A U.S. peace envoy was back in the Middle East on Tuesday to warn the Taliban not to pursue a military victory on the ground and deliver a blunt message: A Taliban government that comes to power through force in Afghanistan will not be recognized.
The U.S. State Department said Zalmay Khalilzad the U.S. envoy, was in Doha Qatar, where the Taliban maintain a political office, to “help formulate a joint international response to the rapidly deteriorating situation in Afghanistan.”
The development comes amid a weekslong, relentless Taliban offensive as American and NATO forces finalize their pullout from war-torn Afghanistan.
The insurgents have captured five out of 34 provincial capitals in the country in less than a week. They are now battling the Western-backed government for control of three others, including the city of Lashkar Gah, the capital of southern Helmand province, and the city of Kandahar, the capital in neighboring Kandahar province.
The militants' sweep comes despite condemnations by the international community and the Taliban's refusal to return to the negotiating table.
Khalilzad, the U.S. envoy, would “press the Taliban to stop their military offensive and to negotiate a political settlement, which is the only path to stability and development in Afghanistan,” the State Department said.
Meanwhile, the Taliban military chief released an audio message to his fighters on Tuesday, ordering them not to harm Afghan forces and government officials in territories they conquer. The recording was shared on Twitter by the Taliban spokesman in Doha, Mohammad Naim.
In the nearly five-minute audio, Mohammad Yaqoob, the son of late Taliban leader Mullah Mohammad Omar, also tells the insurgents to stay out of abandoned homes of government and security officials who have fled, leave marketplaces open and protect places of business, including banks.
It was not immediately clear if Taliban fighters on the ground would heed Yaqoob's instructions. There have been reports by civilians who have fled Taliban advances of heavy-handed treatment by the insurgents — schools being burned down and repressive restrictions on women.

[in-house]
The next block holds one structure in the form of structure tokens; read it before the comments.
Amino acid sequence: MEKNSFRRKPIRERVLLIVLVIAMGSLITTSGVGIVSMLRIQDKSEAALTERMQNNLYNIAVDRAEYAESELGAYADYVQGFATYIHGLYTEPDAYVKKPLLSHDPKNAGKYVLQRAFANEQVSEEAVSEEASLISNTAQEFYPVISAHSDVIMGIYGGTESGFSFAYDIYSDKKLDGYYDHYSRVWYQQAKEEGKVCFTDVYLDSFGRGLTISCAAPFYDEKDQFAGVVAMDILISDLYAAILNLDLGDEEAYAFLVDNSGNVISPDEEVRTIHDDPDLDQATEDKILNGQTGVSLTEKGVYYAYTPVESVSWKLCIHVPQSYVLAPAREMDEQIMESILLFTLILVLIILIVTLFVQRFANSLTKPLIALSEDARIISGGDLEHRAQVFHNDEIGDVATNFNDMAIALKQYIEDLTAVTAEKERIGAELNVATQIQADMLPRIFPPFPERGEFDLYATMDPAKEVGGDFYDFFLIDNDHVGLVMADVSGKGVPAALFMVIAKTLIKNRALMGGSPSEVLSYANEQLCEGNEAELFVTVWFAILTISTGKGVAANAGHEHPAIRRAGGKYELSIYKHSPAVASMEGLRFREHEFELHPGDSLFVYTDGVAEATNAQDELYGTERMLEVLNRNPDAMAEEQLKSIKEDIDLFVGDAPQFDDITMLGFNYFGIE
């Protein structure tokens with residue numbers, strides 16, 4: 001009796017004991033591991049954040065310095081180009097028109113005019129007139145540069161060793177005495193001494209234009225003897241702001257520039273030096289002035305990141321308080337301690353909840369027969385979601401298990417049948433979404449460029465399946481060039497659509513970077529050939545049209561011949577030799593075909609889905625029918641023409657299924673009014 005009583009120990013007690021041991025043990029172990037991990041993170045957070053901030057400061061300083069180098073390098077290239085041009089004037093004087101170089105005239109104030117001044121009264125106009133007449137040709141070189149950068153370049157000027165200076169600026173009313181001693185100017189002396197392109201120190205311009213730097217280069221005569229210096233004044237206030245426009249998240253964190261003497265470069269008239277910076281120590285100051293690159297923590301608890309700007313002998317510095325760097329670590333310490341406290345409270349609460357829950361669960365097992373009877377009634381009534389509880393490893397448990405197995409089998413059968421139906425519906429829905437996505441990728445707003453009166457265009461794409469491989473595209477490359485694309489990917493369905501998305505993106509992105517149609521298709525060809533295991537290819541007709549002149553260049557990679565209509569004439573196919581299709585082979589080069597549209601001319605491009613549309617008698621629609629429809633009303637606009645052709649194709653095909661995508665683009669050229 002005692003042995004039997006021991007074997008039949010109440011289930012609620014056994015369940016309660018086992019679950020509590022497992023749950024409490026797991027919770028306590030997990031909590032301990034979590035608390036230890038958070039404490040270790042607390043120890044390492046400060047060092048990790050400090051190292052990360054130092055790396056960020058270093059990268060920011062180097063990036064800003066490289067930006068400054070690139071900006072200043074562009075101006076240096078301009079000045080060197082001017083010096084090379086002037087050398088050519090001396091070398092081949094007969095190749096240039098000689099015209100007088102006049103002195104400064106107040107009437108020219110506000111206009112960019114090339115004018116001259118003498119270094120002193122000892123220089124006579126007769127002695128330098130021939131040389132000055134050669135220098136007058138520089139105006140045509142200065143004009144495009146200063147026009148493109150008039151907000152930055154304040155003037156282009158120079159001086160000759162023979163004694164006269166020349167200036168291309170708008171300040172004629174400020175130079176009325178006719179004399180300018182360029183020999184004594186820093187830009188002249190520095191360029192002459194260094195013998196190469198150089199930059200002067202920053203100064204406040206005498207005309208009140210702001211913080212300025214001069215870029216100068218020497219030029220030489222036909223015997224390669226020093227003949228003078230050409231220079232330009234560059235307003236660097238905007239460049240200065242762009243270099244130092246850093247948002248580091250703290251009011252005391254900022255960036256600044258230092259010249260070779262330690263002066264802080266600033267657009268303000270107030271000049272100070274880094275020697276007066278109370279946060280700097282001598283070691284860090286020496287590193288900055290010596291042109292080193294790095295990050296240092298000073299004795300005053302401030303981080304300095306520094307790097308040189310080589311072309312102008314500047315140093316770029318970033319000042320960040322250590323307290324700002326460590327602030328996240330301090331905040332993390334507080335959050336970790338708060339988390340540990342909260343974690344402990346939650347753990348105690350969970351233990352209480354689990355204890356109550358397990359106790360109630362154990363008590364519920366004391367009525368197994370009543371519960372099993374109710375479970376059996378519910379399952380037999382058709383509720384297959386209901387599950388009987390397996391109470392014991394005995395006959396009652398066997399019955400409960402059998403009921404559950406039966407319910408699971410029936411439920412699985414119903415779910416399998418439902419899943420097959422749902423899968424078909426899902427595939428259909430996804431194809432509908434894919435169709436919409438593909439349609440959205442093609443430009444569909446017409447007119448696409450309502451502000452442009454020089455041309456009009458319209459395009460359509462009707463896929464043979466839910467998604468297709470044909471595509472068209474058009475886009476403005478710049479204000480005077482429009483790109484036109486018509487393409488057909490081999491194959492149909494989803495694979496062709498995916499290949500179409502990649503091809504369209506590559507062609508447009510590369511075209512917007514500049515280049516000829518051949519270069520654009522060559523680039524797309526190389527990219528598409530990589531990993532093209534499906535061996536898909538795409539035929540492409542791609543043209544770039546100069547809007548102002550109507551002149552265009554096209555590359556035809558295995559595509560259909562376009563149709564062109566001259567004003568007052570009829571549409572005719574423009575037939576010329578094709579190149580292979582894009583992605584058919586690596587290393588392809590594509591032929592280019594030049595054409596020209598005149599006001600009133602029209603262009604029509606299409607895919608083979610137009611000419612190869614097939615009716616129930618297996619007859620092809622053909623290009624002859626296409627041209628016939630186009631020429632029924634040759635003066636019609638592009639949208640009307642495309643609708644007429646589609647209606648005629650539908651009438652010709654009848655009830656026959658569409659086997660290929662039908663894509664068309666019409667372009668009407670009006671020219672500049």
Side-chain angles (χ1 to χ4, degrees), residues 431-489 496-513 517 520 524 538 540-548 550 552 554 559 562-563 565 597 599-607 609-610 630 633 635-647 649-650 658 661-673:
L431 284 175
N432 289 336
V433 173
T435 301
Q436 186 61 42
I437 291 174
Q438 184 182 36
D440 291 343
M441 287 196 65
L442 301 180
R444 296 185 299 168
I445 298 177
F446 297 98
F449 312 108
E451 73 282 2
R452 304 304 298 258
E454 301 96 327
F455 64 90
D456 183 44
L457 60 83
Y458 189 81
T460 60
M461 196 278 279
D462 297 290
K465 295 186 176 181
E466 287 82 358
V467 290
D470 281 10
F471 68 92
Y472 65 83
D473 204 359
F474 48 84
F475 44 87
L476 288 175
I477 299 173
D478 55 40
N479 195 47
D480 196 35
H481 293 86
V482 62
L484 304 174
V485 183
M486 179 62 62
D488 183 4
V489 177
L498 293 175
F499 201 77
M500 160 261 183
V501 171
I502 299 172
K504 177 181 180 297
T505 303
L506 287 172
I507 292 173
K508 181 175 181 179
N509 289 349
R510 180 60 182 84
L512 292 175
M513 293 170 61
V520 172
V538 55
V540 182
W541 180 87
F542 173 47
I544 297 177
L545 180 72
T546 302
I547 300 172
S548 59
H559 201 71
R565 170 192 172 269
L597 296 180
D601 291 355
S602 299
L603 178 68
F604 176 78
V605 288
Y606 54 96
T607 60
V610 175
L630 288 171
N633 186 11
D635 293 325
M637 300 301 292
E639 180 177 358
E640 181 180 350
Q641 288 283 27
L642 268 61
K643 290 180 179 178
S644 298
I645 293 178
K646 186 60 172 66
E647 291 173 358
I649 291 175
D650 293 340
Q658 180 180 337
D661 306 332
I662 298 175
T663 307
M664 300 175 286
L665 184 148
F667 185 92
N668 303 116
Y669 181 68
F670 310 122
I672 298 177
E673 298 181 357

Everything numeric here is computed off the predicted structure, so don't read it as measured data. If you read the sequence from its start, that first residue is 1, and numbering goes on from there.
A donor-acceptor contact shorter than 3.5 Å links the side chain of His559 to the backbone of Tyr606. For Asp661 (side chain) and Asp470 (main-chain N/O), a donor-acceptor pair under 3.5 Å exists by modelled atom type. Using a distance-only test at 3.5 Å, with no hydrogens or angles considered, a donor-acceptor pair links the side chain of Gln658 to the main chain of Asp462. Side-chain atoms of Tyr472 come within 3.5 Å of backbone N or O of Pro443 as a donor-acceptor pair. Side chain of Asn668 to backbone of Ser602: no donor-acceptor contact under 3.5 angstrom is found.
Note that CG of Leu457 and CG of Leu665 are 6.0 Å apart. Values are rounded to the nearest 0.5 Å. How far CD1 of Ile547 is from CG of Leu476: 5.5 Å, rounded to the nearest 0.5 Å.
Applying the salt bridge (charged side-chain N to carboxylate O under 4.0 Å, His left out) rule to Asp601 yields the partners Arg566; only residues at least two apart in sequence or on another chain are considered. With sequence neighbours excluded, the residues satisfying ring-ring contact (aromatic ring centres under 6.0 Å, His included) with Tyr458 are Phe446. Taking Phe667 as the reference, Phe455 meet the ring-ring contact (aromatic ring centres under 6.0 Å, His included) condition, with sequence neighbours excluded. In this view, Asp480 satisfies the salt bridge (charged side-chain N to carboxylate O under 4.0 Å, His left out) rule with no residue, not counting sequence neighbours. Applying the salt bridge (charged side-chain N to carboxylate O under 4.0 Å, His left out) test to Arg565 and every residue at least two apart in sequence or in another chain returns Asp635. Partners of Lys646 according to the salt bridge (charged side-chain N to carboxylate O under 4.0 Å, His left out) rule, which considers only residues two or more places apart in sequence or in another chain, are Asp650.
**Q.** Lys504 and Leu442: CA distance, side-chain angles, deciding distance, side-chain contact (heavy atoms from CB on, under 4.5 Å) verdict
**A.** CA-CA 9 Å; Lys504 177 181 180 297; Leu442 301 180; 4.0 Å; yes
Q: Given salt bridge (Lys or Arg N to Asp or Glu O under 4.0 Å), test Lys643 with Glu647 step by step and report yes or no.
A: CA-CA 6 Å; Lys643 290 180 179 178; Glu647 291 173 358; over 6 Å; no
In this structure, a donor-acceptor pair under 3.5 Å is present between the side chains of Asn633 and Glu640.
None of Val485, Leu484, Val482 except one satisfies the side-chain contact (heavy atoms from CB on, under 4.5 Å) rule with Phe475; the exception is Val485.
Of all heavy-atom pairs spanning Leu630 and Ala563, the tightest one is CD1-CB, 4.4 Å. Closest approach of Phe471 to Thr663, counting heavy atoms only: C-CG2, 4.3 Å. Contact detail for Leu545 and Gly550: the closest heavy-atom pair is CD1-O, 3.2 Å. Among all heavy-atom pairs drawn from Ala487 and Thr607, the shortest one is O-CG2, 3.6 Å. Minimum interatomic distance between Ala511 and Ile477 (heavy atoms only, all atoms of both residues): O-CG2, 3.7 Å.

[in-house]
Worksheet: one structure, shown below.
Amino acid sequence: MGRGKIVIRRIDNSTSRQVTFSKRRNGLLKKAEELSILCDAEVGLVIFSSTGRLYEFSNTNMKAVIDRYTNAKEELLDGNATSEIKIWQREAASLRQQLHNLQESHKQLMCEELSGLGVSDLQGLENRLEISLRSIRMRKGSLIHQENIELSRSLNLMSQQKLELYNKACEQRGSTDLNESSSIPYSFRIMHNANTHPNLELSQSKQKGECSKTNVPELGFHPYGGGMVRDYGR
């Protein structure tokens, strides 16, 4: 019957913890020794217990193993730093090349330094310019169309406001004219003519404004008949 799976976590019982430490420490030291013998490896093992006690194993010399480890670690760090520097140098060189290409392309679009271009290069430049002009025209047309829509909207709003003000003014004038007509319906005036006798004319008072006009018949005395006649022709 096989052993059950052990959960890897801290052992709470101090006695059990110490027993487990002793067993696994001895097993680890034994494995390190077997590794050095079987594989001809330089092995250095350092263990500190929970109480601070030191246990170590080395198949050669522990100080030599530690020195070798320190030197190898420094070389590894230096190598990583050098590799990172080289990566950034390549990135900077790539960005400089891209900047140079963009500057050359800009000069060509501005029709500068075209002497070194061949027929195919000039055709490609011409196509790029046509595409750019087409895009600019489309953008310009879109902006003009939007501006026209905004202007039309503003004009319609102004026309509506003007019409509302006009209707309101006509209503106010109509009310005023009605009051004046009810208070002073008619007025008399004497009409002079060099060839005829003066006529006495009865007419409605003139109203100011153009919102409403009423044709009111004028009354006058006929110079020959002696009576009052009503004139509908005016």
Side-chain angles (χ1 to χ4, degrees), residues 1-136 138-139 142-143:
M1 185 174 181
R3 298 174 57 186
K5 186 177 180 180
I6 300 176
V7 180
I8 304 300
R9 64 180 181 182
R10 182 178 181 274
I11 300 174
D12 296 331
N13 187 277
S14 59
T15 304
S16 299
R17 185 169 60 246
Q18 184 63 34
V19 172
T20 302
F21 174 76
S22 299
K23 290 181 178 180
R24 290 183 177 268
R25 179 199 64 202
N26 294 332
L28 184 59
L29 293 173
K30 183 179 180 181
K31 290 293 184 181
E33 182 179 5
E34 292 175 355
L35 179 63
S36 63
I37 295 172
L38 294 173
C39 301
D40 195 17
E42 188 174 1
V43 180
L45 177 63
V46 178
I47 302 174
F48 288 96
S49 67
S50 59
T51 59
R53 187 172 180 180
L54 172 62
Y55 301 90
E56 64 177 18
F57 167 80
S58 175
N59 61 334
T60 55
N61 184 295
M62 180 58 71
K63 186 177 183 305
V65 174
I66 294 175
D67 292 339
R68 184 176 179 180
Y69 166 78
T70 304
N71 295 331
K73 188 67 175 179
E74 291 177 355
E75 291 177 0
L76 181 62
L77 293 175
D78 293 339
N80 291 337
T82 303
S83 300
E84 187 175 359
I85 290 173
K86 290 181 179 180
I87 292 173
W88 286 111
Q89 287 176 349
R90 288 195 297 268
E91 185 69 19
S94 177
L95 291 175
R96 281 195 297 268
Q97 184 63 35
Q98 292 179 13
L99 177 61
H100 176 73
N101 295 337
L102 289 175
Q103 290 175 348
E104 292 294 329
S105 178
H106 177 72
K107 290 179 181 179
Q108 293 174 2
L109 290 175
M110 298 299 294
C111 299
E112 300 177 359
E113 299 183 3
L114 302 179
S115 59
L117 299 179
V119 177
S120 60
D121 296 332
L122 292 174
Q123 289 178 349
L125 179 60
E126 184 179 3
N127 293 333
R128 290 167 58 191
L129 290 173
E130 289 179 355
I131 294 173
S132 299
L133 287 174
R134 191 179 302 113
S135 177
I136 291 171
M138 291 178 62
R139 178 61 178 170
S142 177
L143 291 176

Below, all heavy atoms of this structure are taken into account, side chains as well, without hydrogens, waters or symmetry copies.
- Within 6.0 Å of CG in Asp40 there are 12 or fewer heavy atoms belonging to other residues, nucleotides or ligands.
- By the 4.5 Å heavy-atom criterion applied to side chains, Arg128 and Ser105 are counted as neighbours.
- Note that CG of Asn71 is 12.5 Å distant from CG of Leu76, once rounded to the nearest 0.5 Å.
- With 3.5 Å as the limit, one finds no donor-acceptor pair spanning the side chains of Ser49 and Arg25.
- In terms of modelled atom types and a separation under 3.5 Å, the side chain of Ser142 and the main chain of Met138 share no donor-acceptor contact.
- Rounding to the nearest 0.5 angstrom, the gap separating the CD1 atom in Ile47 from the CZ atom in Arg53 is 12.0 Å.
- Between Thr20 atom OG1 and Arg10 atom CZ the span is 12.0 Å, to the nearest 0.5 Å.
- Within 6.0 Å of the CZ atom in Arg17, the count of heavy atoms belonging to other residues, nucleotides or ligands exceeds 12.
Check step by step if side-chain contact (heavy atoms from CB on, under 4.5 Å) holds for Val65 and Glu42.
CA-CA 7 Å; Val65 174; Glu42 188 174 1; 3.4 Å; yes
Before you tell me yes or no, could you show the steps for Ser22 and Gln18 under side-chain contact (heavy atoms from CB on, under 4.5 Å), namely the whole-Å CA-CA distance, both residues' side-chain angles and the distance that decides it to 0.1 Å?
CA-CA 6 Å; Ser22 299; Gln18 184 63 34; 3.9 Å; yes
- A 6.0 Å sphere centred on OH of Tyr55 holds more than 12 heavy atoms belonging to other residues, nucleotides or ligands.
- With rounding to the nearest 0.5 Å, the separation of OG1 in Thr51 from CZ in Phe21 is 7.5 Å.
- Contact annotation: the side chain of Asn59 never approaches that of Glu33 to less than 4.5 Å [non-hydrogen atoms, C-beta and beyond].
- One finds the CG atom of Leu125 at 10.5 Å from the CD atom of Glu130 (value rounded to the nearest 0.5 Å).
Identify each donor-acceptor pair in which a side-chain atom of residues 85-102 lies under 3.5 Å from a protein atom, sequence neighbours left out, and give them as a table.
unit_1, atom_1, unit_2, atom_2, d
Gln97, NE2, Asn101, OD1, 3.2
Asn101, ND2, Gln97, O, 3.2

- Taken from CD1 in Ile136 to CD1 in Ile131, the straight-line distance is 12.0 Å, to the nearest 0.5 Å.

There have also been reports of revenge killings in areas where the Taliban have gained control. The insurgents have also claimed responsibility for killing a comedian in southern Kandahar, assassinating the government's media chief Kabul and a bombing that targeted acting Defense Minister Bismillah Khan Mohammadi, killing eight and wounding more. The minister was not harmed in the attack.
The intensifying war has also increased the number of civilian casualties.
The International Committee of the Red Cross said that its staff has treated more than 4,000 Afghans this month in their 15 facilities across the country, including in Helmand and Kandahar, where Afghan and U.S. airstrikes are trying to rein in the Taliban onslaught.
“We are seeing homes destroyed, medical staff and patients put at tremendous risk, and hospitals, electricity and water infrastructure damaged,” Eloi Fillion, ICRC’s head of delegation in Afghanistan, said in a statement.
“The use of explosive weaponry in cities is having an indiscriminate impact on the population," Fillion added. “Many families have no option but to flee in search of a safer place. This must stop.”
The lightning speed at which the Taliban have accumulated battlefield gains has lent urgency to the need to restart talks. The surge began in April, when the U.S. and NATO announced they would end their military presence and bring the last of their troops home. The final date of the withdrawal is Aug. 31 but the U.S. Central Command has said the pullout is already 95% complete.
On Monday, the U.S. emphasized that the Biden administration now sees the fight as one for Afghan political and military leaders to win or lose.
“When we look back, it’s going to come down to leadership and what leadership was demonstrated, or not” by Afghans, Pentagon spokesman John Kirby said at a Pentagon news conference. “It’s their country to defend now. It’s their struggle.”
Khalilzad, the architect of the peace deal the Trump administration brokered with the Taliban, was expected to hold talks with key players, as well as “multilateral organizations” to see how to restart talks and halt the Taliban onslaught.
The U.S. envoy will also likely seek a commitment from Afghanistan’s neighbors and the region not to recognize a Taliban government that comes to power by force. When the Taliban last ruled Afghanistan, three countries recognized their rule: Pakistan, Saudi Arabi and the United Arab Emirates.
Senior Afghan officials may travel to Doha in the coming days, including Abdullah Abdullah, who heads the government's reconciliation council. Pakistan's national security adviser, Moeed Yusuf, on Monday called for “reinvigorated” efforts to get all sides in the conflict back to talks, describing a protracted war in Afghanistan as a “nightmare scenario” for Pakistan.
Yusuf, speaking to foreign journalists in Islamabad, refused to definitively say whether Pakistan, which holds considerable sway over the Taliban, would recognize a Taliban government installed by force, saying instead that Pakistan wants to see an "inclusive" government in Kabul.
Gannon reported from Islamabad. Associated Press writer Matthew Lee in Washington contributed to this report.